Up to this point one might argue that his notation is justified. But he starts doing it in places where I see no reason for it. For example further down he writes

Let $f, f_1, f_2$ etc. be mutually independent functions of the variables $x, x_1, \ldots, x_n$, and let $x$ be a variable contained in $f$ [...] it follows that the $m+1$ equations \begin{align} f(x,x_1,\ldots,x_n)&=\omega\\ f_1(x,x_1,\ldots,x_n)&=\omega_1\\ &\ldots\\ f_m(x,x_1,\ldots,x_n)&=\omega_m \end{align} do not determine more than $m+1$ quantities.

Here these $f$ are again variables quantities of type $\mathbb{R}$ and not of type $\mathbb{R}\to \mathbb{R}$, and there is no need to write $(x, x_1, \dotsc, x_n)$ next to the $f$'s in the equations.

I haven't been able to find similar "typing errors" in Bernoulli, Euler, Lagrange, Laplace, Gauss or Cauchy. Even after Jacobi there are several people like Riemann or Peano where I can't find this. Although it is easier to find in the second half of the 19th century. For example in Hermite or Maxwell and later in Felix Kleins lectures on mechanics as well as in Sommerfeld.

But since I have only looked at 1 or 2 works of each of the above authors, this answer is by no means conclusive.

  • $\begingroup$ If this answer dates the notation to Jacobi in 1840, what to make of the quote from Cajori's A History of Mathematical Notations, which points out that Euler in 1734 used it? He wrote both “si $f\left(\dfrac{x}{a} + c\right)$ denotet functionem quamcunque ipsius $\dfrac{x}{a} + c$.” (“$f\left(\dfrac{x}{a} + c\right)$ denotes some function of $\dfrac{x}{a} + c$”) and “Est vero $f(\dfrac{x}{a} + c)$ functio quaecunque ipsarum $a$ et $x$ nullius demensionis” — (contd) $\endgroup$
    – shreevatsa
    Commented Aug 17, 2017 at 17:14
  • $\begingroup$ — (contd) (“Now $f(\dfrac{x}{a} + c)$” is some function of $a$ and $x$ of zero dimensions”). So the very first time (according to Cajori) that parentheses were used to denote a function argument, the notation with the parentheses was also used as referring the function itself (the so-called “abuse of notation” that the question is about). Why does this not count? (Quoting from E045, original here, translation here) $\endgroup$
    – shreevatsa
    Commented Aug 17, 2017 at 17:14
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    $\begingroup$ @shreevatsa Eulers bracket notation (what we nowadays call function application) is not the abuse of notation. His $f$ in the quote is of type $\mathbb{R}\to\mathbb{R}$ so it's ok to apply it to something of type $\mathbb{R}$ and write say $f(1)$. But Jacobis $f$ is not of type $\mathbb{R}\to\mathbb{R}$ but of type $\mathbb{R}$ and it makes no sense to write $f(1)$ or the like. It might not be immediately obvious to you that Jacobis $f$ is of type $\mathbb{R}$ since he calls it a function. That's why I added the warning above, but I understand that I might need to provide more evidence. $\endgroup$ Commented Aug 17, 2017 at 19:55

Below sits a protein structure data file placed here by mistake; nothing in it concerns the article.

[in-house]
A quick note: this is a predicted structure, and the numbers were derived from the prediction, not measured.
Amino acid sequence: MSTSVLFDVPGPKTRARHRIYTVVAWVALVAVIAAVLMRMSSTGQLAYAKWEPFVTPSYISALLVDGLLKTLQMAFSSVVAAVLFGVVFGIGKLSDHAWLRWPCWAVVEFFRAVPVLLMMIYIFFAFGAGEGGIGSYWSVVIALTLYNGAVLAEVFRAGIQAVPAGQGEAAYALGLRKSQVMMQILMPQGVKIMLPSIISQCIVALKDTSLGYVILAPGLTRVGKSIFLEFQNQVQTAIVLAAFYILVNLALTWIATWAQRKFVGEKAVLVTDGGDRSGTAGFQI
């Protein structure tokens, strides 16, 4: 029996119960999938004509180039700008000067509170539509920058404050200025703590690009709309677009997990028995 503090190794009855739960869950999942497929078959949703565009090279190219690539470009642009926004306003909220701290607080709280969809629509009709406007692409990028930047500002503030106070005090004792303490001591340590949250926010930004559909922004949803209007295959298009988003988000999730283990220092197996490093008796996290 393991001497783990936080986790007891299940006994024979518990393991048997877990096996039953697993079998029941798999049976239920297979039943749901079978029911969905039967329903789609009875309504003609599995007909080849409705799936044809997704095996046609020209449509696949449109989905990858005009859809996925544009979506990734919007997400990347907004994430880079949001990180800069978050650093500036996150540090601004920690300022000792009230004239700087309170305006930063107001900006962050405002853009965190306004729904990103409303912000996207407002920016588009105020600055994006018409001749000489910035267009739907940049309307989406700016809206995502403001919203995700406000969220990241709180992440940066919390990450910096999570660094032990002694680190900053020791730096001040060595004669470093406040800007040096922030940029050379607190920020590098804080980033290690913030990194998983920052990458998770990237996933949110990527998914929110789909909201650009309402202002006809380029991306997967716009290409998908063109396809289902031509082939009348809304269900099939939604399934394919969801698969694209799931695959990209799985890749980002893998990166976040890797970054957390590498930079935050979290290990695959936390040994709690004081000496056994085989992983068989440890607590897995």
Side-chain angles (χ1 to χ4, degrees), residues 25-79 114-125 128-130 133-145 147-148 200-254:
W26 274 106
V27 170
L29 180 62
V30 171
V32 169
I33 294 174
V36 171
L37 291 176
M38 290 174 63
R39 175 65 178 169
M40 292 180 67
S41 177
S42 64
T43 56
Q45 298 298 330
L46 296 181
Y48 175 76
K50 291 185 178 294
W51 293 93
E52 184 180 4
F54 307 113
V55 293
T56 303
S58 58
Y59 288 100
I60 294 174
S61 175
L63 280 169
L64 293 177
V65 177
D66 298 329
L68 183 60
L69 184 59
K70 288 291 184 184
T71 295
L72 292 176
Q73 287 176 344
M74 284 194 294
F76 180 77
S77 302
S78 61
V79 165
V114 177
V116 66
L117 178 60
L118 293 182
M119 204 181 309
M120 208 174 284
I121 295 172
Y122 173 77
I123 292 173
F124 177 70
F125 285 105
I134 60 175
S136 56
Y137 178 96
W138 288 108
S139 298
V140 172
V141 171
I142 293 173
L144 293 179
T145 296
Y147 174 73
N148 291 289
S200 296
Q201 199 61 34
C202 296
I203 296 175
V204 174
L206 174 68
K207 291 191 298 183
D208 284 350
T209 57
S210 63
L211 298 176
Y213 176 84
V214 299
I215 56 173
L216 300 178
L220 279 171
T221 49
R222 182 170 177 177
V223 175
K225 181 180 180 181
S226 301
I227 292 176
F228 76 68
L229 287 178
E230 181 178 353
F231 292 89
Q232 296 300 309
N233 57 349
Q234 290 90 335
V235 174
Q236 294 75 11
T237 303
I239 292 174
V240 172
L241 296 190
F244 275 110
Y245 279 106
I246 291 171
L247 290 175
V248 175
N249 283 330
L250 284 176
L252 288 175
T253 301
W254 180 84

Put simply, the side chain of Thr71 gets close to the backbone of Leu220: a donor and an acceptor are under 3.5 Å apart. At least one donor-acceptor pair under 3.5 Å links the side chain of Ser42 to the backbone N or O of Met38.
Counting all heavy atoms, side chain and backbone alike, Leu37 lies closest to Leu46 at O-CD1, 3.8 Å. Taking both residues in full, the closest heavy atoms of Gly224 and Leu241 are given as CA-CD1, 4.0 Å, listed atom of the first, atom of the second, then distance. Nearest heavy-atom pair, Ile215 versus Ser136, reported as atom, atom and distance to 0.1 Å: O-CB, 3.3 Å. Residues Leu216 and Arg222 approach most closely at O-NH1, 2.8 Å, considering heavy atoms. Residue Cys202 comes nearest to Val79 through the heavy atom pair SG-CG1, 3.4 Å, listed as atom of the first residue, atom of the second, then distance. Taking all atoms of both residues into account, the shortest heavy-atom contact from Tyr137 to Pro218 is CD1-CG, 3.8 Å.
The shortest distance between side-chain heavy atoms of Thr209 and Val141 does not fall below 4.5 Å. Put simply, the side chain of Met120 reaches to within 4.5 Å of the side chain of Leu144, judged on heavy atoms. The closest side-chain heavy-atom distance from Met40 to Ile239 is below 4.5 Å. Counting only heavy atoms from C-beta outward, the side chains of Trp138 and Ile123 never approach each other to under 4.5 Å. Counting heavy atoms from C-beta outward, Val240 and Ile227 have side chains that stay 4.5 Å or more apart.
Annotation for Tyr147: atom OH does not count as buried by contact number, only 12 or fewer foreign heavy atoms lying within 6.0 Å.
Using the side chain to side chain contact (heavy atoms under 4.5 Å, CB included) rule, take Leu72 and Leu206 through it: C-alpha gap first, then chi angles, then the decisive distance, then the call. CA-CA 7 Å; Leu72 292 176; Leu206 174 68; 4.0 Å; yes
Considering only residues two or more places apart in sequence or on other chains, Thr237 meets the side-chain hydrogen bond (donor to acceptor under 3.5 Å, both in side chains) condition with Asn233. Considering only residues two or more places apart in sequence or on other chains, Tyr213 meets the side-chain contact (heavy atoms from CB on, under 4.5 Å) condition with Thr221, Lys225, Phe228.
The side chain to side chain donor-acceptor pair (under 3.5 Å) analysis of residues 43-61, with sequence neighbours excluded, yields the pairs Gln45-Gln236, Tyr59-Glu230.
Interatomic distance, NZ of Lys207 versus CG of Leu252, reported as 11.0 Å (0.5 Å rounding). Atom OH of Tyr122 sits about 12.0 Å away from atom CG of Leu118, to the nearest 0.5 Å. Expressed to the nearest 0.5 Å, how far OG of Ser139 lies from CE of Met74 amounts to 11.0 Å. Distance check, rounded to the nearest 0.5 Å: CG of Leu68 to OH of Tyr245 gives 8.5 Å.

• $\begingroup$ @MichaelBächtold Yes his $f$ is of type $\mathbb{R} \to \mathbb{R}$, which means that for any $t$ like his $\dfrac{x}{a}+c$, his $f(t)$ is of type $\mathbb{R}$. My point is that he refers to $f(t)$ as a function, instead of referring to $f$ as a function. Is this not the same sort of abuse-of-notation you were asking about? (I see many people complain about this, and possibly jumped to the assumption that you were asking the same.) But on rereading, perhaps your question is solely about cases where (say) $y$ is of type $\mathbb{R}$, and someone writes $y(x)$ to denote that it depends on $x$. $\endgroup$
    – shreevatsa
    Commented Aug 17, 2017 at 20:01
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    $\begingroup$ @shreevatsa Euler is right in referring to $f(t)$ as the function, since that is the way the terminology was used before about 1900 (see the linked question in my answer and have a look at how Euler defined "function" in for example Institutiones Calculi Differentialis). I would agree with your last sentence, but would love to find a historical source who explains that they'll start writing $y(x)$ to denote that $y$ depends on $x$. Have you seen one? Certainly Jacobi doesn't explain it that way in De determinantibus. $\endgroup$ Commented Aug 17, 2017 at 20:37

I have seen this type of notation as a help in understanding quantifiers.

Example. Here is a statement (Bertrand's Postulate):

for every $k > 1$ there is a prime $p$ such that $k \le p < 2k$.

This may be written, to emphasize that $p$ depends on $k$, as:

for every $k > 1$ there is a prime $p = p(k)$ such that $k \le p < 2k$.

A reader can tell that $p$ depends on $k$ in the first one as it is. But putting $p = p(k)$ in the second one emphasizes that fact.

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    $\begingroup$ And we inadvertently applied the Axiom of Choice. $\endgroup$ Commented Aug 17, 2017 at 7:39